Self-conscious emotions in response to physical activity success and failure: Findings from a global 112-day pedometer intervention

  • Eva Pila University of Toronto
  • Stefanie Tignor Northeastern University
  • Jenna Gilchrist University of Toronto
  • Catherine Sabiston University of Toronto
  • Paul Fombelle Northeastern University
  • Nancy Sirianni Northeastern University

Abstract

Self-conscious emotions are critical in the attainment of socially valued goals, whereby failure to meet goals is associated with shame and guilt, and successful goal attainment is associated with pride. Despite the inherently goal-directed and social nature of physical activity, there is limited research examining the function of self-conscious emotions in physical activity contexts. In this study, changes in exercise-related self-conscious emotions were examined as a function of goal attainment in a long-term physical activity intervention. The intervention consisted of a 112-day team-based activity to reach a daily step count goal of 10,000 steps per day. Participants (N = 17,769; Mage = 42.9, SD = 10.47; 48.2% female) recorded their daily step count and completed pre- and post- assessments of emotional tendencies in response to exercise failure (i.e., shame, guilt), and exercise success (i.e., pride). A mixed ANOVA model controlling for age and gender revealed a significant interaction effect between time and goal attainment for all emotions, Wilks' λ = .99, F (3, 17763) = 14.04, p < .001. Compared to individuals who succeeded in achieving their step goal on more than half of the intervention days, individuals who failed to achieve their step goal reported increased guilt, F(1, 17765) = 32.97, p < .001, shame, F(1, 17765) = 18.83, p < .001, and pride, F(1, 17765) = 14.61, p < .001. The observed increase in both negative and positive emotions in the low achievement group may be due to the nature of the intervention, which increases awareness of failed and successful achievements by both self and others. Overall, these findings highlight the unique functions of self-conscious emotions for attaining socially valued physical activity goals.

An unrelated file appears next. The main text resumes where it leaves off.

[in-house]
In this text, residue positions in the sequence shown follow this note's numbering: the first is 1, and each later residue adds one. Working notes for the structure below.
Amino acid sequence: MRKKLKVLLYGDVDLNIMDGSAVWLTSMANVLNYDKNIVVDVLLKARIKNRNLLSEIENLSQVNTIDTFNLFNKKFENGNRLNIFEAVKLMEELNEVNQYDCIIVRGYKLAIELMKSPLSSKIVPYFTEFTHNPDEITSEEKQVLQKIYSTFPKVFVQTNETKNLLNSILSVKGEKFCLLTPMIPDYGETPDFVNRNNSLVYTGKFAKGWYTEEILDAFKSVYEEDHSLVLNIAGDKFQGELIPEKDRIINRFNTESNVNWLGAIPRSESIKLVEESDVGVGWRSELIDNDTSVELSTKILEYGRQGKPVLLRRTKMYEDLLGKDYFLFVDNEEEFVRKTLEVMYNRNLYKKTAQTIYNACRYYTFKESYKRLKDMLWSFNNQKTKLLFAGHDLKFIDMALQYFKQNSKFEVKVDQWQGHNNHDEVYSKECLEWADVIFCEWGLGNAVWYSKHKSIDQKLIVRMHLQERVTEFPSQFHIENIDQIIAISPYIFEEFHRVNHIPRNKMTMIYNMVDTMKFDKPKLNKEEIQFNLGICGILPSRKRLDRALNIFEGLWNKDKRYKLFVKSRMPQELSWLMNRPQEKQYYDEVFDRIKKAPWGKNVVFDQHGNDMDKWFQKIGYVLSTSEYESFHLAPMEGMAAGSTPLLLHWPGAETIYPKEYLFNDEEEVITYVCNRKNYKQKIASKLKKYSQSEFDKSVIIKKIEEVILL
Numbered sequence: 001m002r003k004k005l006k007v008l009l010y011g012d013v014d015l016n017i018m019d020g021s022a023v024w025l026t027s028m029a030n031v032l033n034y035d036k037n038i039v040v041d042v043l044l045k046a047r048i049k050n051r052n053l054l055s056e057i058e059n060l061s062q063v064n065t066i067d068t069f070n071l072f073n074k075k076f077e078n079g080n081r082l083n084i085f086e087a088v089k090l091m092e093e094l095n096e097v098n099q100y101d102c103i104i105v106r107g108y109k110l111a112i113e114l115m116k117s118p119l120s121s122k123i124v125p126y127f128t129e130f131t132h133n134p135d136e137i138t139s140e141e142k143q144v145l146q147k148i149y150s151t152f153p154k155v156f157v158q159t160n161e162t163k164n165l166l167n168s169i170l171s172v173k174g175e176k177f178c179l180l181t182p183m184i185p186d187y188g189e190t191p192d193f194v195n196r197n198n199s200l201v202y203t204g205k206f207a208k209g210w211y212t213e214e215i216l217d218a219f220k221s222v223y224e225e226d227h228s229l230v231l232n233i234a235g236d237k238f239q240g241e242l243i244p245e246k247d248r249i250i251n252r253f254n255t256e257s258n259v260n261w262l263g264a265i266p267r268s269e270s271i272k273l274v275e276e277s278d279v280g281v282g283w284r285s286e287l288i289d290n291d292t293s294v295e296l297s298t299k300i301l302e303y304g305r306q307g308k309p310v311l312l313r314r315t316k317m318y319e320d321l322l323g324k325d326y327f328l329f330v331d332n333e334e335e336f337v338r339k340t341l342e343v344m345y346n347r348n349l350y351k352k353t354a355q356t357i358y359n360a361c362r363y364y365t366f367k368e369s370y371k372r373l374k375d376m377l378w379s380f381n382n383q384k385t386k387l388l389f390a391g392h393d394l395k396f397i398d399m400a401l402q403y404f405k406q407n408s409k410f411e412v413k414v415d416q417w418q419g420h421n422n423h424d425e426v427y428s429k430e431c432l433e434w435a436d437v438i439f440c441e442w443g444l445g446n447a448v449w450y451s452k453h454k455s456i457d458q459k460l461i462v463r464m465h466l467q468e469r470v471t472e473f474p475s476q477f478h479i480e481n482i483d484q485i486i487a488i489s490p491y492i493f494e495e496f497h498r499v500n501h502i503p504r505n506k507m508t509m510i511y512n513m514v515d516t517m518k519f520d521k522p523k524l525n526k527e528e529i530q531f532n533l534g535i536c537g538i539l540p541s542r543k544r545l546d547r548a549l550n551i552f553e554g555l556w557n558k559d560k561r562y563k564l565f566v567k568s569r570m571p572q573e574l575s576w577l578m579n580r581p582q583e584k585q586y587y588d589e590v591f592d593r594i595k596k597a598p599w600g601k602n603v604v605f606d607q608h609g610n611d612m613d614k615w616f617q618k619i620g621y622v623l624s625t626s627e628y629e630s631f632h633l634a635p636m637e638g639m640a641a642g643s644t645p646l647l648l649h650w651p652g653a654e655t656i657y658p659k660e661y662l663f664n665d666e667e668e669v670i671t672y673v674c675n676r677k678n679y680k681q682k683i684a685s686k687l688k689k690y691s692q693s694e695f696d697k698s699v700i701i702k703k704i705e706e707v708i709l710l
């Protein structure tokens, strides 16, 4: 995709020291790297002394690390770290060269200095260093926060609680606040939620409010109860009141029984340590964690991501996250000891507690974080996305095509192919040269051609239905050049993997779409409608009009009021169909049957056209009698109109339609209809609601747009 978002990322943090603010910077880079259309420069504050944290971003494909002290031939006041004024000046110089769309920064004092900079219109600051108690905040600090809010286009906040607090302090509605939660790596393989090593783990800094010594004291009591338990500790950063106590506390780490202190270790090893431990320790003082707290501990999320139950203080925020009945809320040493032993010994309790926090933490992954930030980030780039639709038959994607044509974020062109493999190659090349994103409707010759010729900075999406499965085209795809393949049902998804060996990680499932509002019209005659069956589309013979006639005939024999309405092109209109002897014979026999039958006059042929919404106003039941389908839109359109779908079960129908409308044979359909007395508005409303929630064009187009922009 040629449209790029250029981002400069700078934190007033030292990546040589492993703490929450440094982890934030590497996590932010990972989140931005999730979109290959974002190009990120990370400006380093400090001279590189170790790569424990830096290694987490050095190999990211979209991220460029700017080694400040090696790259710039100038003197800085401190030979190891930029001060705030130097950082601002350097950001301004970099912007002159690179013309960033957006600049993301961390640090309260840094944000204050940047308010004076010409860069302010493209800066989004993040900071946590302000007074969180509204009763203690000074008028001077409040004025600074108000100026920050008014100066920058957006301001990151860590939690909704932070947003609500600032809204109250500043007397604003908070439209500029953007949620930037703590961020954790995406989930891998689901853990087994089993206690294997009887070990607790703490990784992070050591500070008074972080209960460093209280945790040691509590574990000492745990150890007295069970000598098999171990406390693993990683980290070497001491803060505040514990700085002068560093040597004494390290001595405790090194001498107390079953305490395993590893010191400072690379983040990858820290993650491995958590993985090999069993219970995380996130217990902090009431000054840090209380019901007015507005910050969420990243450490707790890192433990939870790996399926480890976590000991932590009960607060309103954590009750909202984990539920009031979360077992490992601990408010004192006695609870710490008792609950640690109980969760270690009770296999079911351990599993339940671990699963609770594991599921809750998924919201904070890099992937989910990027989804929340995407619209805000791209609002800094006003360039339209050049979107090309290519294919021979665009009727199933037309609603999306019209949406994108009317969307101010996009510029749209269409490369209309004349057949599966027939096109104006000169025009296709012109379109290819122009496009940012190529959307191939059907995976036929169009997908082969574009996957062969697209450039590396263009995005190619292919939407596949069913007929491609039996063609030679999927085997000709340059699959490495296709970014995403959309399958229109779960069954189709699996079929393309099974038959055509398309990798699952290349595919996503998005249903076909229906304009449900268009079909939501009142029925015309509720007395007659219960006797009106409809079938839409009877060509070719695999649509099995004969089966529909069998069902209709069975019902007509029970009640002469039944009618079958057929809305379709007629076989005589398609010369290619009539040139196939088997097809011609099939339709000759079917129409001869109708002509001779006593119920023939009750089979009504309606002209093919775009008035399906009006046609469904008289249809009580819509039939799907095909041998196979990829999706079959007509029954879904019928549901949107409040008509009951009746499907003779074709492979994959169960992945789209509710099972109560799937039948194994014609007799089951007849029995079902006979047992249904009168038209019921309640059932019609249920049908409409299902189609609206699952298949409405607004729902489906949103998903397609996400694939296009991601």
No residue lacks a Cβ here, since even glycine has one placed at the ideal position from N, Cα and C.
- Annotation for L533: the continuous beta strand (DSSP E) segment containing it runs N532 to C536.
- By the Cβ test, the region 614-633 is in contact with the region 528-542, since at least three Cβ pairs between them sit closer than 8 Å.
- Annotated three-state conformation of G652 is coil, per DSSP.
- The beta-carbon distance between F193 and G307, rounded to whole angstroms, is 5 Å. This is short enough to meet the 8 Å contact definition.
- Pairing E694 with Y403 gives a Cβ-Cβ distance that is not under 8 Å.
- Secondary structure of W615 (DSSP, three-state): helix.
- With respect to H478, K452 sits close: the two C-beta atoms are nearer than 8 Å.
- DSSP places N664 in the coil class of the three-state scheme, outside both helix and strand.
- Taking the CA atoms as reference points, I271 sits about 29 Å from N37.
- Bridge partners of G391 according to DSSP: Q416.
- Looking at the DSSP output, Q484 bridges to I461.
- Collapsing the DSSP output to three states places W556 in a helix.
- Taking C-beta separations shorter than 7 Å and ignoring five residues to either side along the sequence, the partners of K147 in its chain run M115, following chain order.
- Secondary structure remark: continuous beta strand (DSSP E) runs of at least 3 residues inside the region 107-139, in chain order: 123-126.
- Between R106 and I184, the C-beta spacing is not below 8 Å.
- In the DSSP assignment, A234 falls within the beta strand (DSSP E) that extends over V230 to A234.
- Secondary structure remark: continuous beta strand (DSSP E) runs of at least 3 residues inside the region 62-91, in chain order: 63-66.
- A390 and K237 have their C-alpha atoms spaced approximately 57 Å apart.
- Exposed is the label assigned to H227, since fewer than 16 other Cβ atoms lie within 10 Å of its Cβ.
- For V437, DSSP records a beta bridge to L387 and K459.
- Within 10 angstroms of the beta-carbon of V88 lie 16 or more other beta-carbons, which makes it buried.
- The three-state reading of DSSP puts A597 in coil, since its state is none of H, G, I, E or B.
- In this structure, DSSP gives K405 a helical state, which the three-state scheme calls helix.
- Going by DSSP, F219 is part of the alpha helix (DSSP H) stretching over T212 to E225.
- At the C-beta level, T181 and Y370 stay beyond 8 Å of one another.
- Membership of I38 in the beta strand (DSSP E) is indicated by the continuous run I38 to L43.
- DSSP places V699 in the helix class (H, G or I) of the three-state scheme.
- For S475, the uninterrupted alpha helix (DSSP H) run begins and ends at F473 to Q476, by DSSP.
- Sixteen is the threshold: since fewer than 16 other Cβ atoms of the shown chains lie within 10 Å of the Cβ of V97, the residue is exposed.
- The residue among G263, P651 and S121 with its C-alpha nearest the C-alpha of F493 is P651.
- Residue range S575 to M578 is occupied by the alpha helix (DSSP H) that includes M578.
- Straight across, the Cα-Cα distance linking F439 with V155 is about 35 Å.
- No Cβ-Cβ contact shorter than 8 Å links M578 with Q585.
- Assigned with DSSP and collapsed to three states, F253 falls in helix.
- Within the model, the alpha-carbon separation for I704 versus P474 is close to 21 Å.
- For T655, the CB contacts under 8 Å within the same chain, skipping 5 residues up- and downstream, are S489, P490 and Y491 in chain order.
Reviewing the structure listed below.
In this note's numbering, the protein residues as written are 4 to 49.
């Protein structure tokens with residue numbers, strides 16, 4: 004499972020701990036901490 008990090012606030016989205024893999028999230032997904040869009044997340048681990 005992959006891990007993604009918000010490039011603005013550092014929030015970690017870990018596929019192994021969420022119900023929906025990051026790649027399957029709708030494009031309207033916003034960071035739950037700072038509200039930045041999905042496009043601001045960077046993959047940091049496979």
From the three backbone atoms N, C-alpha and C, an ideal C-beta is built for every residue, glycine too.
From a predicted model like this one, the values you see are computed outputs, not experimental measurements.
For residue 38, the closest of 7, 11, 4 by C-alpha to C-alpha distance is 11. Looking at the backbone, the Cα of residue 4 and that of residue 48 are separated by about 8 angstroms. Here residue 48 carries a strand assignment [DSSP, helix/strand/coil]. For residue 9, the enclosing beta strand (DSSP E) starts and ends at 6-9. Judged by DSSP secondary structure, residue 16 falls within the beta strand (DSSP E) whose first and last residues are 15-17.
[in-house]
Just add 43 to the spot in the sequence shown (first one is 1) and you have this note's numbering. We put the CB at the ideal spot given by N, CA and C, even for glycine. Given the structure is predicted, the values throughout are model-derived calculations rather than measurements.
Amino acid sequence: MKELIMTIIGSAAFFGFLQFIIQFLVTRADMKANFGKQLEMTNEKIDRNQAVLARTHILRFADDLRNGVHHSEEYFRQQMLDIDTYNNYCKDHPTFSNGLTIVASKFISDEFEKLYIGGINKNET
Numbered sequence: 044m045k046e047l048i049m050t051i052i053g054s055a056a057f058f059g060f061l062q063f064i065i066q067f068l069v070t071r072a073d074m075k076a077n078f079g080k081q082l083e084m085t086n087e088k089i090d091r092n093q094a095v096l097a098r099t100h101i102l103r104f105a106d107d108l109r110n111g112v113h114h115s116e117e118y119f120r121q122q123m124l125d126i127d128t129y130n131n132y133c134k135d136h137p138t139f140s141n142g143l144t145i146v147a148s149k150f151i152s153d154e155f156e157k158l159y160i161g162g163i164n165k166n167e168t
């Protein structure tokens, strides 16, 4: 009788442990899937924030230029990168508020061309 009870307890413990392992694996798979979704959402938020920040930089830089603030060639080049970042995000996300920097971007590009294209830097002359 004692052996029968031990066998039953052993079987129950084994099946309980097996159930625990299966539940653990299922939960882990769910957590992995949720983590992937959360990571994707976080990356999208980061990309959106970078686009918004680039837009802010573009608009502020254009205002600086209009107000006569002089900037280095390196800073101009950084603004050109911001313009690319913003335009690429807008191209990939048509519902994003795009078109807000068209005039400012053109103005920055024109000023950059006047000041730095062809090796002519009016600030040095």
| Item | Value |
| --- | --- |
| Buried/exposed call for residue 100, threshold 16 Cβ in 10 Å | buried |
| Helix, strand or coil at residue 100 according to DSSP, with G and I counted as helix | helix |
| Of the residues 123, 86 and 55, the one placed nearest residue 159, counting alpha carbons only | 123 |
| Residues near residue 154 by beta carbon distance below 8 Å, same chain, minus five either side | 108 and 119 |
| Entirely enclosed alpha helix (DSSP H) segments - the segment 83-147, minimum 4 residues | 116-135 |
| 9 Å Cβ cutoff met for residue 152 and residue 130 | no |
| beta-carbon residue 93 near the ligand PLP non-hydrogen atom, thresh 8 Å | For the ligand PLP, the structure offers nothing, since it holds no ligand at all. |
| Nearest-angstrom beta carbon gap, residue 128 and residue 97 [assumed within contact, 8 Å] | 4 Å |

Acknowledgments: Social Sciences and Humanities Research Council CGS Doctoral Scholarships awarded to first and third authors.